Environmental assessments are science, not politics

The members of the National Conservation Council hope the publisher will allow the NCC space to congratulate him on a declaration made in Wednesday, 9 January’s Cayman Compass editorial, namely that concerns about the environment are “in need of thoughtful advocacy.”

To that end, we have penned this attempt to further inform the Cayman Islands public about the process of Environmental Impact Assessments (EIAs) and their application to development projects.

The 9 January editorial stated: “[The Cayman Compass Editorial Board) position is that EIAs are at least as political as they are scientific and in some instances have been used by environmentalists as tools to impede, if not euthanise, projects they oppose.”

This statement, NCC members believe, is indicative of the fundamental misunderstanding that persists in Cayman around what an EIA is and is not.

An EIA legally cannot prevent any project from proceeding. Conversely, it cannot require any project to proceed. Such decisions are ultimately left to the developers and the decision-makers (e.g. Cabinet or the Central Planning Authority)

EIAs are information documents, technical advice provided to a developer to assist in a project – not to impede it. Much has been said locally regarding the cost of requiring EIAs, yet the other side of this debate – the cost of not completing a credible, thorough EIA – is rarely broached. EIAs allow decision-makers to fully understand the environmental effects of what they are approving.

Major projects in Cayman have been the subject of environmental assessments for decades but the process was only formalised in 2013, with the advent of the National Conservation Law and, even then, the assessments have been used rarely. An EIA was recommended in less than one per cent of the hundreds of projects reviewed by the Department of Environment between July 2016 and December 2017.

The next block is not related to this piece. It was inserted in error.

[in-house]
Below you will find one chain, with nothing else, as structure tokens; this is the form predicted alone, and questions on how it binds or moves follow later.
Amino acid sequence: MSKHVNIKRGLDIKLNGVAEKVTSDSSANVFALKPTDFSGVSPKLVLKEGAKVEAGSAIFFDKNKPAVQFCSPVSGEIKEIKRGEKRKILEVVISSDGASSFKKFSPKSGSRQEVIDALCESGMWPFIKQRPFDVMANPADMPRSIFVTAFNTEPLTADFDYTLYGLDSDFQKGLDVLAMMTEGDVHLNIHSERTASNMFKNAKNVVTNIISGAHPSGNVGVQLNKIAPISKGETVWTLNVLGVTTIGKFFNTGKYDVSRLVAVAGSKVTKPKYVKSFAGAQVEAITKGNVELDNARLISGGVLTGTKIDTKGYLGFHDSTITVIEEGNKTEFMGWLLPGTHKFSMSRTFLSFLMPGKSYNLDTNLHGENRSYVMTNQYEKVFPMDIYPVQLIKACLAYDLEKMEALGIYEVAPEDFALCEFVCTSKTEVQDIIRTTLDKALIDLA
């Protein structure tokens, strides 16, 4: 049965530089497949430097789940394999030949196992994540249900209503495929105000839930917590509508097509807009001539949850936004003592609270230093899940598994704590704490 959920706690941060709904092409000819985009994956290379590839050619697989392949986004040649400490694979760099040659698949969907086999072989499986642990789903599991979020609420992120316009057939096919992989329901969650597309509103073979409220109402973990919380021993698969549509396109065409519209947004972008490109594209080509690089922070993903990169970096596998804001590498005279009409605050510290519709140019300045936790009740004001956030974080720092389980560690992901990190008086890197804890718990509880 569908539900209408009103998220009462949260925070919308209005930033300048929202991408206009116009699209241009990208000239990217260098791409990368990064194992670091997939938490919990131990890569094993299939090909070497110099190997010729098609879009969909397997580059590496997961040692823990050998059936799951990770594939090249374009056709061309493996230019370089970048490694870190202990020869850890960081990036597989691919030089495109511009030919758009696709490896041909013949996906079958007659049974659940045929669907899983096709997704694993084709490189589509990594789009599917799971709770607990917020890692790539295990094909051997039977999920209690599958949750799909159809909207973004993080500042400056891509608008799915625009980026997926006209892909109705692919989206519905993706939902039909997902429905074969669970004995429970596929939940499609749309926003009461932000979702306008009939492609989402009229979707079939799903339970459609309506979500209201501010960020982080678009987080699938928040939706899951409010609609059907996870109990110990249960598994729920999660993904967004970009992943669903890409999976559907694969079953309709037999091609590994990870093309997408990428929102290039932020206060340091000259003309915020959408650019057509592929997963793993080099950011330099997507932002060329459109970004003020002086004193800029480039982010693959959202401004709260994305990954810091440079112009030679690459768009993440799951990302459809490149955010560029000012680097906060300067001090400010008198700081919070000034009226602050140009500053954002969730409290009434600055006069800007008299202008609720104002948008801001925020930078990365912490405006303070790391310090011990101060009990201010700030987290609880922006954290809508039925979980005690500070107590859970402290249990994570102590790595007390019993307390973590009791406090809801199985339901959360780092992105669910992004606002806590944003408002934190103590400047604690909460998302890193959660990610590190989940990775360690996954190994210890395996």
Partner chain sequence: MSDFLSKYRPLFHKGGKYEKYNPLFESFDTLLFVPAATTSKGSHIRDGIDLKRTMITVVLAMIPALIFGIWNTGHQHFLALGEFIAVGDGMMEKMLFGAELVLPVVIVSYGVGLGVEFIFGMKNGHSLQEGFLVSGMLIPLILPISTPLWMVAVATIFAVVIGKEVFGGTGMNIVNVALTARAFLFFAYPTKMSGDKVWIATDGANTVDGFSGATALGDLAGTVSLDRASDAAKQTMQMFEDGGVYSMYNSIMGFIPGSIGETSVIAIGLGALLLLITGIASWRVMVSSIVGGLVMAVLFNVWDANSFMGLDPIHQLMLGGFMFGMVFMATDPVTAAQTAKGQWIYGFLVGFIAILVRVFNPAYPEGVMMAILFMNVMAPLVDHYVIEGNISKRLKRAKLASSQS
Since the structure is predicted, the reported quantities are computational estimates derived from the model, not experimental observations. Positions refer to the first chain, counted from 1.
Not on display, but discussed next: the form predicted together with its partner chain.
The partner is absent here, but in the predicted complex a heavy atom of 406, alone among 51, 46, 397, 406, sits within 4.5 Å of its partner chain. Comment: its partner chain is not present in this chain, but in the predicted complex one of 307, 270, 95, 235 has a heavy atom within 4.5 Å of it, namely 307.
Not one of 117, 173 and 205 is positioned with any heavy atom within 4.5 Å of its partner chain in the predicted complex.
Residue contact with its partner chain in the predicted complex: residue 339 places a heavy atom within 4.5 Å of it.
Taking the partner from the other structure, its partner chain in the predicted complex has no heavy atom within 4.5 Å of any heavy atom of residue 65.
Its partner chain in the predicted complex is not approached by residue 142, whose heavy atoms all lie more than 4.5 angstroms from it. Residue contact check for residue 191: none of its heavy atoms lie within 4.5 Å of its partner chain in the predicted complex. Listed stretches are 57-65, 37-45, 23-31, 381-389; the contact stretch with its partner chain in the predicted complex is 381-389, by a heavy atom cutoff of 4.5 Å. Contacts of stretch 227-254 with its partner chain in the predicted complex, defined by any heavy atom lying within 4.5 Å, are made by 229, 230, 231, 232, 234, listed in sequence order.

EIAs are only required when a development is likely to significantly harm the environment and there is not sufficient information available for regulatory entities to adequately assess potential impacts. The NCC recommended an EIA for the removal of beach rock in the Seven Mile Beach marine park for this very reason. It did not recommend an EIA for the Hyatt Hotel on the Pageant Beach site as there is no proposed construction activity in the marine park and the DoE has sufficient information to assess the impacts associated with the land-based construction at this location.

The purpose of an EIA is to ensure a project developer, as well as members of the general public, get the best product possible. Such assessments are typically done by apolitical technical specialists to avoid the very perception of political motivation the Compass editorial board references.

The National Conservation Council will be working hard in 2019 to better inform the Cayman Islands public about the EIA process and the benefits of such evaluations under the National Conservation Law.

Respectfully,

McFarlane Conolly,
Chairman, National
Conservation Council